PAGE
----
Causality occurs when one variable causes the other. Watch this video and try to identify the different types of variables.
In a causal relationship, we identify two or more variables:
- Independent variable: Also called explanatory variable, is the variable that causes the effect. It is illustrated with the symbol
- Dependent variable: Also called explained or response variable, is the variable that is affected by the independent variable. It is illustrated with the symbol
- There may also be other variables in this relationship, like the control variable, which is the variable that we believe may condition the effects of the independent variable on the dependent one. In the following video we find this logic explained.
Exercise: Examine the following tweets and answer the following questions:
- What is a variable? What is NOT a variable? Put an example of each.
- Which is the independent variable and the dependent variable in each case? Provide a reasoned answer.
- Are you sure about what is the independent and what is the dependent variable? We call it to inverse causality when they are flipped. Discuss the possibility of inversing the causality in each case.
- Suggest, for every case, a control variable that may influence the relationship between
U.S. Educational Attainment and Presidential Voting Patterns https://t.co/TvpfUbGV78 pic.twitter.com/BT4Pirpdsq— Visual Data (@data_rep) July 18, 2020
Latitude and human development, or why the Global South is a... https://t.co/9yYXk0fw1Q pic.twitter.com/tnM5HlgxYZ— Visual Data (@data_rep) November 6, 2018
Not surprising, but v consistent. Richer countries have a much smaller average HH size.— Branko Milanovic (@BrankoMilan) July 12, 2020
Preferences as ppl get rich: fewer children, less cohabitation, ability to buy typically HH-produced goods/services at market (food delivery, cleaning etc)
Declining usefulness of family. pic.twitter.com/X1OMVKlggb
🏠¿Cómo influye la renta de los padres en sus hijos? Un mapa inédito con la renta hoy de los jóvenes que se criaron en hogares pobres y ricos de los noventa. En cada ciudad y código postal: https://t.co/cX7Gi9Wsqq pic.twitter.com/jcZcmzJgt4— Kiko Llaneras (@kikollan) July 15, 2020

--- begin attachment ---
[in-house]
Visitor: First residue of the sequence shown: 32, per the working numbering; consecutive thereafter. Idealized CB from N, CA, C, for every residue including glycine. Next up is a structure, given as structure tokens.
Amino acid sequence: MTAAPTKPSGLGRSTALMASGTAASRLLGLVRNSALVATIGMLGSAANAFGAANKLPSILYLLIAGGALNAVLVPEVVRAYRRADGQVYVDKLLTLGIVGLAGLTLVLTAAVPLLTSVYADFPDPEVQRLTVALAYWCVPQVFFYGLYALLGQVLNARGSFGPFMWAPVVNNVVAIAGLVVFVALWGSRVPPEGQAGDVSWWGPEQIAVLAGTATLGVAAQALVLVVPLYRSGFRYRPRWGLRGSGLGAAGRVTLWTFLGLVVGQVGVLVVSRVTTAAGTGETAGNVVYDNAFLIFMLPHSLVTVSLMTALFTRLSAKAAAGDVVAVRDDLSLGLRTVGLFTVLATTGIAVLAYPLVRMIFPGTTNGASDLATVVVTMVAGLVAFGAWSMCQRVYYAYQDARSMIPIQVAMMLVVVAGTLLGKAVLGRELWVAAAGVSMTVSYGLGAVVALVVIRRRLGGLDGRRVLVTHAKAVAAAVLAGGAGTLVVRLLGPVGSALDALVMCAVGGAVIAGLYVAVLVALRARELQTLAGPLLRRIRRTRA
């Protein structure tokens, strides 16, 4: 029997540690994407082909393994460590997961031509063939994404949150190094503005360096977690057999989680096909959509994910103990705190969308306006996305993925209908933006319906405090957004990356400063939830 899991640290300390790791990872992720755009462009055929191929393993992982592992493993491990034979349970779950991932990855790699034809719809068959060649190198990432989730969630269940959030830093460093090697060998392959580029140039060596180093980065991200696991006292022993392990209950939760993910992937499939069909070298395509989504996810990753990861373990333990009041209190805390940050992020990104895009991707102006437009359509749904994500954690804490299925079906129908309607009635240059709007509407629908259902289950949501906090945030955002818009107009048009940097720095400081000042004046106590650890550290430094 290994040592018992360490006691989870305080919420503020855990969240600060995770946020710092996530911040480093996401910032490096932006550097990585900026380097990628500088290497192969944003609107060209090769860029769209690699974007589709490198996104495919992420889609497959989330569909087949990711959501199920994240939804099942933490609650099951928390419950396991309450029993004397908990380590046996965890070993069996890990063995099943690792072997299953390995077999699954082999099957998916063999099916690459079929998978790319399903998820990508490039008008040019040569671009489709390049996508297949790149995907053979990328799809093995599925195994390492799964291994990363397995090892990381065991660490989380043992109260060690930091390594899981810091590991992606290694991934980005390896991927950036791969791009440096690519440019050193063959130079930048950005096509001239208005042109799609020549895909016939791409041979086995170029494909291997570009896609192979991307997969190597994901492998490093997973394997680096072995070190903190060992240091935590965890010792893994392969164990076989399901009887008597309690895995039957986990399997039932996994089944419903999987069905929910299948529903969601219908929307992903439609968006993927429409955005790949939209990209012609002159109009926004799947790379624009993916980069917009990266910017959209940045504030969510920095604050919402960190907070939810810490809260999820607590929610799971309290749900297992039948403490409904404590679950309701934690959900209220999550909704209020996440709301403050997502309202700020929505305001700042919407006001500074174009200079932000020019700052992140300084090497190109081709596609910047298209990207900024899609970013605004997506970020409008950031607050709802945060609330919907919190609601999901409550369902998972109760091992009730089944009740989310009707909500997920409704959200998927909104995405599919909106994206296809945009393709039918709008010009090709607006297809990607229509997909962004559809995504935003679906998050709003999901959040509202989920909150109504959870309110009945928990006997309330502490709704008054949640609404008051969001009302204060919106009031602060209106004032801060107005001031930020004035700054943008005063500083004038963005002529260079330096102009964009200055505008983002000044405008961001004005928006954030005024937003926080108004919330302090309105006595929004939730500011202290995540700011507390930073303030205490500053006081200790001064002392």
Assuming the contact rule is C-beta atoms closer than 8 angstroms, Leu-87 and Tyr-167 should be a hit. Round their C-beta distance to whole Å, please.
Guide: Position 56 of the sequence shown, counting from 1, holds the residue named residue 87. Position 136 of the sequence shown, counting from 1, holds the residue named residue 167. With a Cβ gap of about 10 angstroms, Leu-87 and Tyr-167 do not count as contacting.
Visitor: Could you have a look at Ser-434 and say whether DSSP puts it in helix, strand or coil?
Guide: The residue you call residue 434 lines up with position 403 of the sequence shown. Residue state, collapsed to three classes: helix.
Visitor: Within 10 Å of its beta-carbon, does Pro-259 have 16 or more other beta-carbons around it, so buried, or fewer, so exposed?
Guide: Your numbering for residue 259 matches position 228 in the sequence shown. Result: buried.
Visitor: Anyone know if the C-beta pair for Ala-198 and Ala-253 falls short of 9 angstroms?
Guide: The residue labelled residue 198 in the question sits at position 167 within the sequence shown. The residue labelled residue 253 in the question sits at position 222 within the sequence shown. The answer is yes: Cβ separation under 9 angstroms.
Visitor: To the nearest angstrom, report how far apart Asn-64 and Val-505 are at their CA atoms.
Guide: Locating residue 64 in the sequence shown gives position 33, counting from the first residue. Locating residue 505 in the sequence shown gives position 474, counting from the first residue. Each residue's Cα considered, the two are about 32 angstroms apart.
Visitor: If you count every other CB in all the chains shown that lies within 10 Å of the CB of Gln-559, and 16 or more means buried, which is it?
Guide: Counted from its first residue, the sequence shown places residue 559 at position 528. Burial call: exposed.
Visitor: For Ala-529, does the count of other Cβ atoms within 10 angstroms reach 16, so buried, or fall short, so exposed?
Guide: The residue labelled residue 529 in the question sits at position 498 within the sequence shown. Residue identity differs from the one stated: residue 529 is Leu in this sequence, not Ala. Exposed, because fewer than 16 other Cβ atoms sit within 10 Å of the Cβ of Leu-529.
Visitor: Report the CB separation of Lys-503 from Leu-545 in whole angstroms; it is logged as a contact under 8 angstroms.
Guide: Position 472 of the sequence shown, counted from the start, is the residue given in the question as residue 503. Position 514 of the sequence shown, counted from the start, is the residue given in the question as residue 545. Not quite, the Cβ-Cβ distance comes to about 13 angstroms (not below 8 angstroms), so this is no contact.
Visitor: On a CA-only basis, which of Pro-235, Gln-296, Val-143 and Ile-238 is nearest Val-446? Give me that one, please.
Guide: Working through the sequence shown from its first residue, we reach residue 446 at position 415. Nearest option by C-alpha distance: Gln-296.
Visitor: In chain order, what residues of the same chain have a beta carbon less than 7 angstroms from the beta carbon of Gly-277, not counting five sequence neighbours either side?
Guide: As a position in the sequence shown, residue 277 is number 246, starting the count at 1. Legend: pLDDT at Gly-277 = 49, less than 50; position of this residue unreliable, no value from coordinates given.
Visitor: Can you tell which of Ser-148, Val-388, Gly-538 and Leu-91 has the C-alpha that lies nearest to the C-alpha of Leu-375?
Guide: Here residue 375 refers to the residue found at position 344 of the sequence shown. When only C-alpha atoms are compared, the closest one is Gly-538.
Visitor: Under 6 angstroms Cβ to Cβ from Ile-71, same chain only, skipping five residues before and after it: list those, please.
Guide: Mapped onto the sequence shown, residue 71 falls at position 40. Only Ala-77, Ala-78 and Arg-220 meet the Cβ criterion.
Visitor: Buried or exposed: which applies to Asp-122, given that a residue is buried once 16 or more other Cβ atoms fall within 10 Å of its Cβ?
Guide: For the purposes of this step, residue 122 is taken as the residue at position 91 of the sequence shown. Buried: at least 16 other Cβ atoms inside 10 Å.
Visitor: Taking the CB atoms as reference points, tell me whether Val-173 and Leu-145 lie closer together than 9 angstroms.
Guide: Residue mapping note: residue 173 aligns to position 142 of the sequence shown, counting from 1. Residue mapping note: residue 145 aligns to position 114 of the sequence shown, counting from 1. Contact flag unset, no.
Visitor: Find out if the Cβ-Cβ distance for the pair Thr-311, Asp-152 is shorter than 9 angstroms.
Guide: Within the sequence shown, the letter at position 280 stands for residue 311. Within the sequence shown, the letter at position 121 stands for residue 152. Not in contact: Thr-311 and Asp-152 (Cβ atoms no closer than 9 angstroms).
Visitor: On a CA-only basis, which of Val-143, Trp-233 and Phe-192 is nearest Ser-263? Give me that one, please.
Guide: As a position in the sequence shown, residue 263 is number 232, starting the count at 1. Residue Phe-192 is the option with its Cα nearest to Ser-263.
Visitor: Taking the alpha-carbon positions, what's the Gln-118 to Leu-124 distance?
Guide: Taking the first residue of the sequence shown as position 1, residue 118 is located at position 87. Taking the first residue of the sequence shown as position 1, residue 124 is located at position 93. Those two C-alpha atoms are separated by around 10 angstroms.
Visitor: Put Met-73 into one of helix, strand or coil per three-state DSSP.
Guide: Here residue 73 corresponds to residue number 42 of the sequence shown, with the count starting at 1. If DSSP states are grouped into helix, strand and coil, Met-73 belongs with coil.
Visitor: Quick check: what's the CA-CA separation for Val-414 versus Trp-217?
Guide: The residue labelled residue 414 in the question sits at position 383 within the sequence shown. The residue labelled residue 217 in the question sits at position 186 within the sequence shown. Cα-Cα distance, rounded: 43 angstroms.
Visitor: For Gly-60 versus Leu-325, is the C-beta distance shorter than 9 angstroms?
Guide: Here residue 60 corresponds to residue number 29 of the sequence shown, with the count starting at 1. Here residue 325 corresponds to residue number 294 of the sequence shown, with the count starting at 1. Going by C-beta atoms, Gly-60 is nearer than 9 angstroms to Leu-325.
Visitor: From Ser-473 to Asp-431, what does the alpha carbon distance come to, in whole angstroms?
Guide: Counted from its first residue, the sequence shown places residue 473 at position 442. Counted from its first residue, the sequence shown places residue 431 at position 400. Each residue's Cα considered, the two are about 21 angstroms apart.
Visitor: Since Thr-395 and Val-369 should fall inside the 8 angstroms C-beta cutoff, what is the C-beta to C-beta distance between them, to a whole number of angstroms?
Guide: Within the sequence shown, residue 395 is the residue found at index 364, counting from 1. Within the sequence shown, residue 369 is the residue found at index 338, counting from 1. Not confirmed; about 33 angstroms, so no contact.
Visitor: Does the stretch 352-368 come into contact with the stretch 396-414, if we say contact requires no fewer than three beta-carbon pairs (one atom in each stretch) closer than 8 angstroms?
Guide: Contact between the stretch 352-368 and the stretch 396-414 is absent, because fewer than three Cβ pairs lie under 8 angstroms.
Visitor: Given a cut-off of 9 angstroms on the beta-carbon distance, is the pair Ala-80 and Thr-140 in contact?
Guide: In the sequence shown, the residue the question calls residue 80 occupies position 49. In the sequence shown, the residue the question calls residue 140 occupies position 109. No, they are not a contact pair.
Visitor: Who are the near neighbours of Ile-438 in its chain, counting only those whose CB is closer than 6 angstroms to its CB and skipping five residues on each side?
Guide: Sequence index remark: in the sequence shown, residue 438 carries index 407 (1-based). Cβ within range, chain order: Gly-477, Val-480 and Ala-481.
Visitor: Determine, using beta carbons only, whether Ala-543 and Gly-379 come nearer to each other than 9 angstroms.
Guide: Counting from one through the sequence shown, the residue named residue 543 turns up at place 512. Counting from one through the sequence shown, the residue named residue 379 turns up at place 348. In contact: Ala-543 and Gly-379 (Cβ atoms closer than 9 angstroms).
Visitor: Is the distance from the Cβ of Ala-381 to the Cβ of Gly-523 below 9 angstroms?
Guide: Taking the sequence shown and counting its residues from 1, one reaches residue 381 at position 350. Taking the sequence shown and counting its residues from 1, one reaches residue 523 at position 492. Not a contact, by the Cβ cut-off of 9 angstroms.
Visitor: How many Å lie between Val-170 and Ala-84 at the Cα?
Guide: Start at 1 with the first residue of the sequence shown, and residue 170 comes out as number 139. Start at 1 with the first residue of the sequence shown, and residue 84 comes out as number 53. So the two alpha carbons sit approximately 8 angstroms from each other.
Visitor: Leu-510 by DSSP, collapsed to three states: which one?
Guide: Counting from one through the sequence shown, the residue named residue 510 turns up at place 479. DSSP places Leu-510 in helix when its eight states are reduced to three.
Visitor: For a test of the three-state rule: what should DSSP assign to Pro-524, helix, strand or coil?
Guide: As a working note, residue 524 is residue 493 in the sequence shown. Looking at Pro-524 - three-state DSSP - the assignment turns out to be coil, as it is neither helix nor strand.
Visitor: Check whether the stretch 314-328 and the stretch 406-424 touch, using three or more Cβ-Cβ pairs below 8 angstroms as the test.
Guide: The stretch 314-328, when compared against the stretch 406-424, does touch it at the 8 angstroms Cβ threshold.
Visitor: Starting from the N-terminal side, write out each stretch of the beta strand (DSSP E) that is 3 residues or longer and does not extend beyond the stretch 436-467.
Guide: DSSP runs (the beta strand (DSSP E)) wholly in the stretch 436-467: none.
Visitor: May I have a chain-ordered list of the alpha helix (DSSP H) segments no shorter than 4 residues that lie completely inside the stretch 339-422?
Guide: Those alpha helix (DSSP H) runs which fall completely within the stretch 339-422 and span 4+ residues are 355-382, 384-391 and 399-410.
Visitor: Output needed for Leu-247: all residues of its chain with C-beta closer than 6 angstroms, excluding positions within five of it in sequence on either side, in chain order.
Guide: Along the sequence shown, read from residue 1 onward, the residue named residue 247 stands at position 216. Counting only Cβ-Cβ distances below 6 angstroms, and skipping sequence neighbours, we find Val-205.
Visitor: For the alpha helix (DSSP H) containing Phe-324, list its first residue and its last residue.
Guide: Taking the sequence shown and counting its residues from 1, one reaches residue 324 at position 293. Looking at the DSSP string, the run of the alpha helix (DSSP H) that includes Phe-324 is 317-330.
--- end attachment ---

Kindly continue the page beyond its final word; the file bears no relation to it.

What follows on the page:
U.S. women are slightly more likely than men (29% vs. 21%) to see at least some truth in the conspiracy theory alleging that powerful people planned the coronavirus outbreak. https://t.co/EU2mdnZ5pj pic.twitter.com/B0o75636LS— Pew Research Fact Tank (@FactTank) July 25, 2020
From the global inequality files.— Branko Milanovic (@BrankoMilan) July 23, 2020
Post-communist countries still tend to have lower inequality than expected based on their income (post-Comm=red; LatAm=green; West=blue). pic.twitter.com/bwGWfT7veI
New on https://t.co/sInc4TxNw1: Extreme Inequality and the Structure of Political Clevages in South Africa 1994-2019, by A. Gethin. SA party system is slowly moving from race-based to class-based, but not enough to deliver real redistributionhttps://t.co/gTbteqgQAF pic.twitter.com/kslemG3gp5— Thomas Piketty (@PikettyLeMonde) July 10, 2020
The politics of reopening schools.https://t.co/u7gUvCWpvV pic.twitter.com/500fh6So9N— Philip Bump (@pbump) July 16, 2020
51% of Americans say they strongly or somewhat approve of social media companies labeling posts from elected officials on their platforms as inaccurate or misleading. 46% say they at least somewhat disapprove of this.https://t.co/j8qQX5QJ7s pic.twitter.com/CZIxRDuD3D— Pew Research Internet (@pewinternet) August 21, 2020
74% of Christians in the U.S. say houses of worship should be required to follow the same rules about social distancing and large gatherings as other organizations or businesses in their area. https://t.co/aCpRMgirVq pic.twitter.com/02r2jSfGtK— Pew Research Center (@pewresearch) August 12, 2020
Most regular attenders say they’re either very (34%) or somewhat (29%) confident they could safely attend religious services in person right now, without spreading or catching the coronavirus https://t.co/MlERdZcC8I pic.twitter.com/kuuOizzxMy— Pew Research Center (@pewresearch) August 8, 2020
Activism on social media varies by race and ethnicity, age, political party https://t.co/UOZd28GdyK pic.twitter.com/IQyQWeyAO5— Pew Research Fact Tank (@FactTank) July 20, 2020
Brutal el gradiente social del #teletrabajo en Madrid. "Mientras q en los niveles más altos de renta hay en torno a un 70% teletrabajando, por debajo de los 1.500€ hay menos de la mitad, y entre los de menos de 1.000€ la cifra es del 13%".— Javier Segura (@jseguradelpozo) August 24, 2020
Fuente: https://t.co/eoLto7YKwh pic.twitter.com/grej88HVws
The political and racial/ethnic makeup for each NHL club's fan base, per polling from @MorningConsult https://t.co/o2Pbj6fY53 pic.twitter.com/UqbA4RJUvi— Mark J. Burns (@markjburns88) September 10, 2020
62% of U.S. Catholics say casual sex between consenting adults is sometimes or always acceptable, as do 45% of Protestants. 84% of those who are religiously unaffiliated say this. https://t.co/w7HtyJ9zip pic.twitter.com/5bKAA4VIdA— Pew Research Fact Tank (@FactTank) August 31, 2020
This graph... via @business on telecommuting, aka working from home & much more in these strange times...https://t.co/HNERzNREtN pic.twitter.com/mLHcmz4sqp— Aleksandr V. Gevorkyan (@avgevorkyan) September 14, 2020